The failure here is that not only are synergies between the different issues under-examined (such as a green economy), but that voters prioritize what will impact their current selves, not their future selves or descendents. This myopia prevents feedback from working at its best.

What if we had a way to change this? What if candidates’ “success” in office was heavily weighted by their track record of long-term climate investments and solutions? What if information regarding candidates’ long-term plans for climate change was widely disseminated? We need Seventh Generation Sustainability. We need low rather than high discount rates on the cost of future climate change mitigation. How could we progress as a nation if long-term thinking was not only electable but essential? Once we make long-term thinking intrinsic to climate change discussions, we open the door to meaningful, effective feedback loops.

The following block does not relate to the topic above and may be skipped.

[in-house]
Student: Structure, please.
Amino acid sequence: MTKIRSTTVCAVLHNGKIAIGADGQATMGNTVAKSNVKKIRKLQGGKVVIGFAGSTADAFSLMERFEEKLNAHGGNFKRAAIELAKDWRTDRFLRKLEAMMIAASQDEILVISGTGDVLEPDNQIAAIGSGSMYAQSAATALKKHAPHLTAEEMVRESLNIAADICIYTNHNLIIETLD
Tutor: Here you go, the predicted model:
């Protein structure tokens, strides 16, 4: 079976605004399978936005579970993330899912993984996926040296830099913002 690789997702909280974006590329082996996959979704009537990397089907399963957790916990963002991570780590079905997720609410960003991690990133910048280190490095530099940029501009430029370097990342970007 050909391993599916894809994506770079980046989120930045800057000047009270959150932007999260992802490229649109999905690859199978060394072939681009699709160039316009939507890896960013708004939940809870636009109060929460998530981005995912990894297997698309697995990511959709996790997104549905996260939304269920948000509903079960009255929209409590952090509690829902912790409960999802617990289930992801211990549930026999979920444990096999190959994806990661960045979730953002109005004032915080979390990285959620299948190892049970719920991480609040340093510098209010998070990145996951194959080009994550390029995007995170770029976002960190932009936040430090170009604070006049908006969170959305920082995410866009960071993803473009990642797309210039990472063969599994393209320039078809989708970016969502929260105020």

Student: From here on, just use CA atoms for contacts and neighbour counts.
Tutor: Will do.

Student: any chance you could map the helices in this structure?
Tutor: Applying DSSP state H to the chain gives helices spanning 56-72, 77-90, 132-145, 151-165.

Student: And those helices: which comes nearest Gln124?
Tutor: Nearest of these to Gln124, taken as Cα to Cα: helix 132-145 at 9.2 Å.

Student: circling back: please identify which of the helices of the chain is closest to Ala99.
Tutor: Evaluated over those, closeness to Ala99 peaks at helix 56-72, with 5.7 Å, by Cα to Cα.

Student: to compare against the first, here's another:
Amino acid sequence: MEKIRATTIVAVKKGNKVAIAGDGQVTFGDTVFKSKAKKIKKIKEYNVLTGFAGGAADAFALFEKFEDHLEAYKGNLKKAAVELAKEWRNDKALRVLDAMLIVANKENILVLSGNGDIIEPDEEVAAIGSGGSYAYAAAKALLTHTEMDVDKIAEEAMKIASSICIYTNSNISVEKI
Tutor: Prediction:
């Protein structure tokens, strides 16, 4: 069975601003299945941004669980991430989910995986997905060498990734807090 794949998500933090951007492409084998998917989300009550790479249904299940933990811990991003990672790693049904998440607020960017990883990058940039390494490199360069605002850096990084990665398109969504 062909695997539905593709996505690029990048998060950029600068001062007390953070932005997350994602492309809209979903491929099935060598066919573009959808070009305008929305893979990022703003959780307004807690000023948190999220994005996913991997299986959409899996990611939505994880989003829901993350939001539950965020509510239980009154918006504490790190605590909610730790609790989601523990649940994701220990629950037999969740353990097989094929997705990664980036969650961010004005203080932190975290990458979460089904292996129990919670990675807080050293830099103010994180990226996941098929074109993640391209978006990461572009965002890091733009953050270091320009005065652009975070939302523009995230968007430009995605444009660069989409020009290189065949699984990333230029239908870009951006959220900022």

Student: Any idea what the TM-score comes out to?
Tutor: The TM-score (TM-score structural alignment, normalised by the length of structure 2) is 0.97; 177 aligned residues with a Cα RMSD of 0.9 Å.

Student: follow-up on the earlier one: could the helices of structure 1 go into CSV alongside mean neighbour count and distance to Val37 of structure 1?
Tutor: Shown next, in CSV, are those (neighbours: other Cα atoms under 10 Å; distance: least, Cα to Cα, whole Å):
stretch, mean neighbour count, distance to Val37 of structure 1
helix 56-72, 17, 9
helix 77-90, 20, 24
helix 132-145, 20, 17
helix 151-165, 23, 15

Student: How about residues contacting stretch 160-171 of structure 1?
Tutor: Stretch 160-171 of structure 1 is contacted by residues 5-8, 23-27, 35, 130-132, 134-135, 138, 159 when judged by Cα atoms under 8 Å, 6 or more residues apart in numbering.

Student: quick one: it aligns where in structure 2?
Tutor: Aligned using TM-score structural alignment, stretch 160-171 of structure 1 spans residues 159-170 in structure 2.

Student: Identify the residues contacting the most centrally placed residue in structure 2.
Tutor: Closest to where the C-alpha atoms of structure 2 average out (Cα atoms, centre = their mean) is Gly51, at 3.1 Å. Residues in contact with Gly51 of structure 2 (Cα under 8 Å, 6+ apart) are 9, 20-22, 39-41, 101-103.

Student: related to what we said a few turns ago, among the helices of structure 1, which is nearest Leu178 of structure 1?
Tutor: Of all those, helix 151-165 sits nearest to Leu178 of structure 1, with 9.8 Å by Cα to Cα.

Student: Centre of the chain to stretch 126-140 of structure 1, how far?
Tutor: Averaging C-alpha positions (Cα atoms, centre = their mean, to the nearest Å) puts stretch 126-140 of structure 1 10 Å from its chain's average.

Rethinking who is allowed to give feedback: public-private partnerships and discourse

Currently, many advocacy and policy groups exclude private industry from important conversations about climate change. Framed as the polluters and perpetrators of environmental injustice, corporations are demonized, which naturally precludes collaboration. When we talk about feedback, we normally insinuate information from those with less power. In the case of climate change, however, I believe the swiftest and most sustainable action will come when we solicit feedback from private industry – as a partner, not an opponent. As Jason Clay explains here, if we collaborate with and persuade just 100 key companies – such as Cargill and Starbucks – to improve their supply chain and operations, our impact and culture shift regarding biodiversity and the climate will be far greater in magnitude.